This seems like an ethics crapshoot…

  4. What about the ethics of the lawyer who wrote and filed this affidavit? He is the person ultimately responsible for inserting into the affidavit scandalous material of a confidential nature that was completely irrelevant to Casey’s claim for fees. That sounds like a violation of Rule 4-4.4, which says that “[i]n representing a client, a lawyer shall not use means that have no substantial purpose other than to embarrass … a third person.”

    Also, he assisted Casey’s violation of Section 493.6119 of the Florida Statutes, which prohibits a private investigator from “divulg[ing] or releas[ing] to anyone other than his or her client or employer the contents of an investigative file acquired in the course of licensed investigative activity.” If I’m reading correctly, Casey’s violation is a misdemeanor of the first degree under Section 493.6120. Did the lawyer thereby violate Rule 4-1.2(d), which says that “a lawyer shall not counsel a client to engage, or assist a client, in conduct that the lawyer knows or reasonably should know is criminal”? That depends on whether the term “criminal” includes misdemeanors, which doesn’t seem to be clearly defined in the Rules.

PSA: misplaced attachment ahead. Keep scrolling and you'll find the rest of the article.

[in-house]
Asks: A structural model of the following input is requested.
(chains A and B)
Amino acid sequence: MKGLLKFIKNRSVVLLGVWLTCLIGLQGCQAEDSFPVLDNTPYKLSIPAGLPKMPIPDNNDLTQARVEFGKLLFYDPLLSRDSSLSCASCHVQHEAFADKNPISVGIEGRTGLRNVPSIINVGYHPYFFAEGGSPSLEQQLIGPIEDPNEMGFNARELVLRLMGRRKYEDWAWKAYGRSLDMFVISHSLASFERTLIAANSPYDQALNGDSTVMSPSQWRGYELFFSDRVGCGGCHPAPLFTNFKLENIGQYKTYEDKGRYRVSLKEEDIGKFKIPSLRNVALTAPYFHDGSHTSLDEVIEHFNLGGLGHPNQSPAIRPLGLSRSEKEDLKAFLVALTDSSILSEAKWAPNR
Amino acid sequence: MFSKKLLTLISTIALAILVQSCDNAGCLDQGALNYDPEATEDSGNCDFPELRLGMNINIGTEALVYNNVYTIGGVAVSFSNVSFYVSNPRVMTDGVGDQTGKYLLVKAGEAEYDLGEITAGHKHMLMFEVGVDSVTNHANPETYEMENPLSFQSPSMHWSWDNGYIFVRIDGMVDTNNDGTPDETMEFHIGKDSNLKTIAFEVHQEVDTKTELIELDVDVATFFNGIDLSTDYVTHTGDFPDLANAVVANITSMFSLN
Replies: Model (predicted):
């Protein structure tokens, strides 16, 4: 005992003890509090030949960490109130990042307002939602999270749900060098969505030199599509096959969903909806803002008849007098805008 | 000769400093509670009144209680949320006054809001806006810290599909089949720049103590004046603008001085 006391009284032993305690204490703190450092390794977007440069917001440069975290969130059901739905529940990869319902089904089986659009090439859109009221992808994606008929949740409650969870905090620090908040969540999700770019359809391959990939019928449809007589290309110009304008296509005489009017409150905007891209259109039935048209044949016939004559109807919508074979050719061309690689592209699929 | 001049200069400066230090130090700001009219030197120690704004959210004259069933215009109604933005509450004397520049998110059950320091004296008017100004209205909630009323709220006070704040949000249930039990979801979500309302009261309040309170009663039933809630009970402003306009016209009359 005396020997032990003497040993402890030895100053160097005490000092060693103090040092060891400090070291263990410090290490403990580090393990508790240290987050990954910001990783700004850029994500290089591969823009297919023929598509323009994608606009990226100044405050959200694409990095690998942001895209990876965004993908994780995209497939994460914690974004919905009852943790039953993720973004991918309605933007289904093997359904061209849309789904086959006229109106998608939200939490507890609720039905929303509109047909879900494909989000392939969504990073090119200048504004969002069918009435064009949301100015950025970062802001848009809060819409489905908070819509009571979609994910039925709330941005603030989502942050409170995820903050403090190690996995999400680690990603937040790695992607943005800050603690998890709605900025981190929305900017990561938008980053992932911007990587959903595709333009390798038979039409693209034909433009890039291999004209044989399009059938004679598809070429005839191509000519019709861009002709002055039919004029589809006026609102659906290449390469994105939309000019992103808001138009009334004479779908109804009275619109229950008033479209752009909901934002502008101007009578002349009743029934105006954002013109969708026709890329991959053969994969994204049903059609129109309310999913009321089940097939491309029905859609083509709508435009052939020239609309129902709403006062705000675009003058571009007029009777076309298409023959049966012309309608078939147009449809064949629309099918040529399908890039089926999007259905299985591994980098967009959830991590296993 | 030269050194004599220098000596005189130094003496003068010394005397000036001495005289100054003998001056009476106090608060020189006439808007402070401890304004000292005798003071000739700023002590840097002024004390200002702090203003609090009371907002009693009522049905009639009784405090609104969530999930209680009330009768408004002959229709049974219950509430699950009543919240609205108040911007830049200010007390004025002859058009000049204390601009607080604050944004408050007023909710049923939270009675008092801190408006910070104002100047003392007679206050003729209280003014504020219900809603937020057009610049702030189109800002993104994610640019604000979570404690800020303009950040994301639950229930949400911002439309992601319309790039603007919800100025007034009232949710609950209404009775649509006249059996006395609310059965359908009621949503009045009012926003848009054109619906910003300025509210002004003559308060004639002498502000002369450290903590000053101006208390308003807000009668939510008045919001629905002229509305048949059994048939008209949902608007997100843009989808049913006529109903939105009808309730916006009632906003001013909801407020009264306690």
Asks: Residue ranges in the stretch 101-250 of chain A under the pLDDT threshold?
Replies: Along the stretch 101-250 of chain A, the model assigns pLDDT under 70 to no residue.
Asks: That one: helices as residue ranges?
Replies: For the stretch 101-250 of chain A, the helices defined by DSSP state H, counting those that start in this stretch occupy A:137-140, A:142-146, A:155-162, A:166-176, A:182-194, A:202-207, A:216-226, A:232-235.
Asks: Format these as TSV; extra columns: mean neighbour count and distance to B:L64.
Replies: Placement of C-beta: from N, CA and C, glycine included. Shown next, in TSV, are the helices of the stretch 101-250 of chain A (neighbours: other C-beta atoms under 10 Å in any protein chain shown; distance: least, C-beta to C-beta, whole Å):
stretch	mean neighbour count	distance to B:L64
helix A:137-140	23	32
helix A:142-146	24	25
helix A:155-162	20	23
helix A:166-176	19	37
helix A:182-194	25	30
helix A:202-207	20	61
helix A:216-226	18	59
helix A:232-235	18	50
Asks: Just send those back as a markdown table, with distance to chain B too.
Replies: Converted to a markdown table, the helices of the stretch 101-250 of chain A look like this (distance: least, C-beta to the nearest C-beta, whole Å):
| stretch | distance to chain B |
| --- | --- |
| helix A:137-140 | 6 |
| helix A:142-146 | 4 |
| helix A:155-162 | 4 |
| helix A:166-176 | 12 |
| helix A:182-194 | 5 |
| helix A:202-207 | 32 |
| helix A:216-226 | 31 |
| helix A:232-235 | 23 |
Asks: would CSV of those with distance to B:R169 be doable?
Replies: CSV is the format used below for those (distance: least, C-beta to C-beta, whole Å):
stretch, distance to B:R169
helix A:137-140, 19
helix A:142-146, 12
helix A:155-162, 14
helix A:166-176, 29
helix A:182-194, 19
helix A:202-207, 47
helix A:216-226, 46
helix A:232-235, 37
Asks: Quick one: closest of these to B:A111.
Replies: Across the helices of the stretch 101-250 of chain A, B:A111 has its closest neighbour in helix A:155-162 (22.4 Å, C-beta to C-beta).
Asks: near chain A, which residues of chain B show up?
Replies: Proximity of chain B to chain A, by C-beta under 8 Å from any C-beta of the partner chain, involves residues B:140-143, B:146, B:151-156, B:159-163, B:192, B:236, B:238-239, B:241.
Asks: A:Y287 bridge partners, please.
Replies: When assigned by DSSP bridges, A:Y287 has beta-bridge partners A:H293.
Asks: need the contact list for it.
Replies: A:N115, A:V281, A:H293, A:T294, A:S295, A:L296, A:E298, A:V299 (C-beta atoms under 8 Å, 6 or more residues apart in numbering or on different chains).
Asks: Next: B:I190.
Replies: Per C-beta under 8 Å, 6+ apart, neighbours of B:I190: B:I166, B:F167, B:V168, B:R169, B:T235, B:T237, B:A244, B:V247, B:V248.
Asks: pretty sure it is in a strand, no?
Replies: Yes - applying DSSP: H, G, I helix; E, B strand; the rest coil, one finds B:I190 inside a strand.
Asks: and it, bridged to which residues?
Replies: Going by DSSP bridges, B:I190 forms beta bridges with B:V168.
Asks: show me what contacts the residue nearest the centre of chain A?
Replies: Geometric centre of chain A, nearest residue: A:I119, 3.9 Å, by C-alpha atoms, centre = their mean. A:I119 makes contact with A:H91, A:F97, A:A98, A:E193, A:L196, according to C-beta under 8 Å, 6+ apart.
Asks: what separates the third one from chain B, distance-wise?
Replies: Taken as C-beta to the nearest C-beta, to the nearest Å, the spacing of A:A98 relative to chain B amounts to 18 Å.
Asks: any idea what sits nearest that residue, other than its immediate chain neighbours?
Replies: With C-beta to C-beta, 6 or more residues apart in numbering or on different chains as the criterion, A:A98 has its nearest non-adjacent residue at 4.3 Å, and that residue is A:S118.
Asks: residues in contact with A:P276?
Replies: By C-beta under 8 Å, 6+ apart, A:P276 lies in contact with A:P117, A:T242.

Finally, if Casey’s allegations against Baez are true, then he also assisted Baez’s violation of the Code of Ethics, which would in turn by a violation by Casey’s lawyer of Rule 4-8.4(a).